yeah, you got a point bout my con attendence and the division of reader/fan, which i was conscious of as i wrote the post. my point of writer behaviour (it wasn't really a criticism, though i can see it being seen that way) was to point out how they're not out there, er, working the audience, so to say. i hate the concept of that, but if you've a product to sell, it's how a lot of businesses do it, especially small businesses just starting out. you could say panels and so forth are part of this, but i don't think it's working in getting people to buy.

Aug. 26th, 2005 08:02 pm (UTC)
Personally, I think Erika should accept their apology, which I believe she has done. Backing out of the con due to a bit of clueless behaviour would have been a bad idea -- and probably made the issue that concerns Erika worse in the long run. Besides, Erika thoroughly deserves to be a fan guest at a natcon, and I think will be a fine choice.
Aug. 27th, 2005 03:34 am (UTC)
i do agree with the last part, yes. the other half i see two sides on.
Aug. 27th, 2005 02:11 pm (UTC)

I would like to follow up my first post.

While I’m not involved in the writer’s scene, the very little that I have seen gives the impression that people are promoting each other’s books/stories purely because they know each other. While this may be understandable, I do believe people exaggerate the work. I’ve read stories, which I’ve heard were ‘brilliant’ and I came away quite disappointed. That’s one of the main reasons why I rarely buy spec fiction anymore.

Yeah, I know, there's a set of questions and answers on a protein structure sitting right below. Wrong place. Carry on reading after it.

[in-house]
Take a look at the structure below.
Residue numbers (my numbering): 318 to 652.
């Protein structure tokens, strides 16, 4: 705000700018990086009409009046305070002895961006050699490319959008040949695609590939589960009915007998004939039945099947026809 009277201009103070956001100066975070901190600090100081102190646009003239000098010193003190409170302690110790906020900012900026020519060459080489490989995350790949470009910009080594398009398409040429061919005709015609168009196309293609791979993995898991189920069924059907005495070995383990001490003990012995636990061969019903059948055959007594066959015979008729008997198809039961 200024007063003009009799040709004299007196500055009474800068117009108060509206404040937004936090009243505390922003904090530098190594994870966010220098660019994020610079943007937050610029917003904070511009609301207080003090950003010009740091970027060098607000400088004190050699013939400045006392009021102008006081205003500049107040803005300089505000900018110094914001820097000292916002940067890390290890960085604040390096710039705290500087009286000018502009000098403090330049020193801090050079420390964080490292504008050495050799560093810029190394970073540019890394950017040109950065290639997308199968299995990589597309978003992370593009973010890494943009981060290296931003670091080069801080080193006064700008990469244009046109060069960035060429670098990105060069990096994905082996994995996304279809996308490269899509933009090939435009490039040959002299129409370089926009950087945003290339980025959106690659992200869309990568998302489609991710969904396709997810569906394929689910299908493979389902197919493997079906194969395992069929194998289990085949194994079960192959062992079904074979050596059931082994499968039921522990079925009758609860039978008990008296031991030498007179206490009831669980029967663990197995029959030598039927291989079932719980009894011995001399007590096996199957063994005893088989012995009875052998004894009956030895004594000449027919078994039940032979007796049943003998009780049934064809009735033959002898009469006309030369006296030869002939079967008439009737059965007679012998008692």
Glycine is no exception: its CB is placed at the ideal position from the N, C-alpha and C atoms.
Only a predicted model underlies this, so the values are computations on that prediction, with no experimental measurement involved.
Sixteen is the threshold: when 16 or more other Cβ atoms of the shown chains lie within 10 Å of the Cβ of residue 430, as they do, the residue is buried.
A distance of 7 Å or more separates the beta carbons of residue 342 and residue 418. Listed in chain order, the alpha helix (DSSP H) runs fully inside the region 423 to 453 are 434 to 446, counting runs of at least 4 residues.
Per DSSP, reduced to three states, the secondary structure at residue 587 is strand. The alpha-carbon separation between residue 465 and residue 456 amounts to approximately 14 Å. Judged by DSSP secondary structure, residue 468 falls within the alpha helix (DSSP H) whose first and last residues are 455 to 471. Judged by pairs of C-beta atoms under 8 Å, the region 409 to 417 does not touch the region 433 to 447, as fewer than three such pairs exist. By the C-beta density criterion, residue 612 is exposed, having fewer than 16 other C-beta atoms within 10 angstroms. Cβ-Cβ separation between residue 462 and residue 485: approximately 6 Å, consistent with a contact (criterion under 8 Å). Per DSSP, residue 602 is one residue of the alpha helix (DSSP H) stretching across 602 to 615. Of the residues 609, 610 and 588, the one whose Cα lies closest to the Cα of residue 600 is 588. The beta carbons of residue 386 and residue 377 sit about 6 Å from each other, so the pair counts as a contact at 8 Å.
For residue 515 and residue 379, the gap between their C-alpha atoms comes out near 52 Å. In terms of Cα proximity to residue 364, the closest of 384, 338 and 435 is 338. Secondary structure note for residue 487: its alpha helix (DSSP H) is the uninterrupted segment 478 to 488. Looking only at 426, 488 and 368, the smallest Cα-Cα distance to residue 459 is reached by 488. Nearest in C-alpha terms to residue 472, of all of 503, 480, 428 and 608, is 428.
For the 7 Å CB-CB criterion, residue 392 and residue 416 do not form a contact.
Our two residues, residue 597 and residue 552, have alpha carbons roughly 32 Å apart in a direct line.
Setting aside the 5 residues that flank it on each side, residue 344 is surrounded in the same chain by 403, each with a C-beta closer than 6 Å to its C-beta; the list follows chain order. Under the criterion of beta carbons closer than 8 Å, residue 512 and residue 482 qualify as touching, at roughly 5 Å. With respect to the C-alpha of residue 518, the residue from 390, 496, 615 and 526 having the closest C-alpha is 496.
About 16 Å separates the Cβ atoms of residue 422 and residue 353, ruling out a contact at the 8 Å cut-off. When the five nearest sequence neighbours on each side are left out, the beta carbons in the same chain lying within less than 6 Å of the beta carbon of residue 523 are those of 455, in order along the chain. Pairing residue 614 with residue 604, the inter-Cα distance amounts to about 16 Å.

About creating a new editorial voice, I don’t need to do that. All I have to do is purchase a magazine from overseas or read a story from the internet. There are a lot of stories competing for the attention of readers. There’s the short story vs the novel, paper vs online, Australia vs overseas…the reader can pick and choose.

As such, I can never understand the argument why you shouldn’t write for the market. Doesn’t an editor accept and reject stories based on their perceived market? Don’t you submit your stories to a magazine of a specific market?

Perhaps the problem with the small press scene is that the market is yourself.

A passerby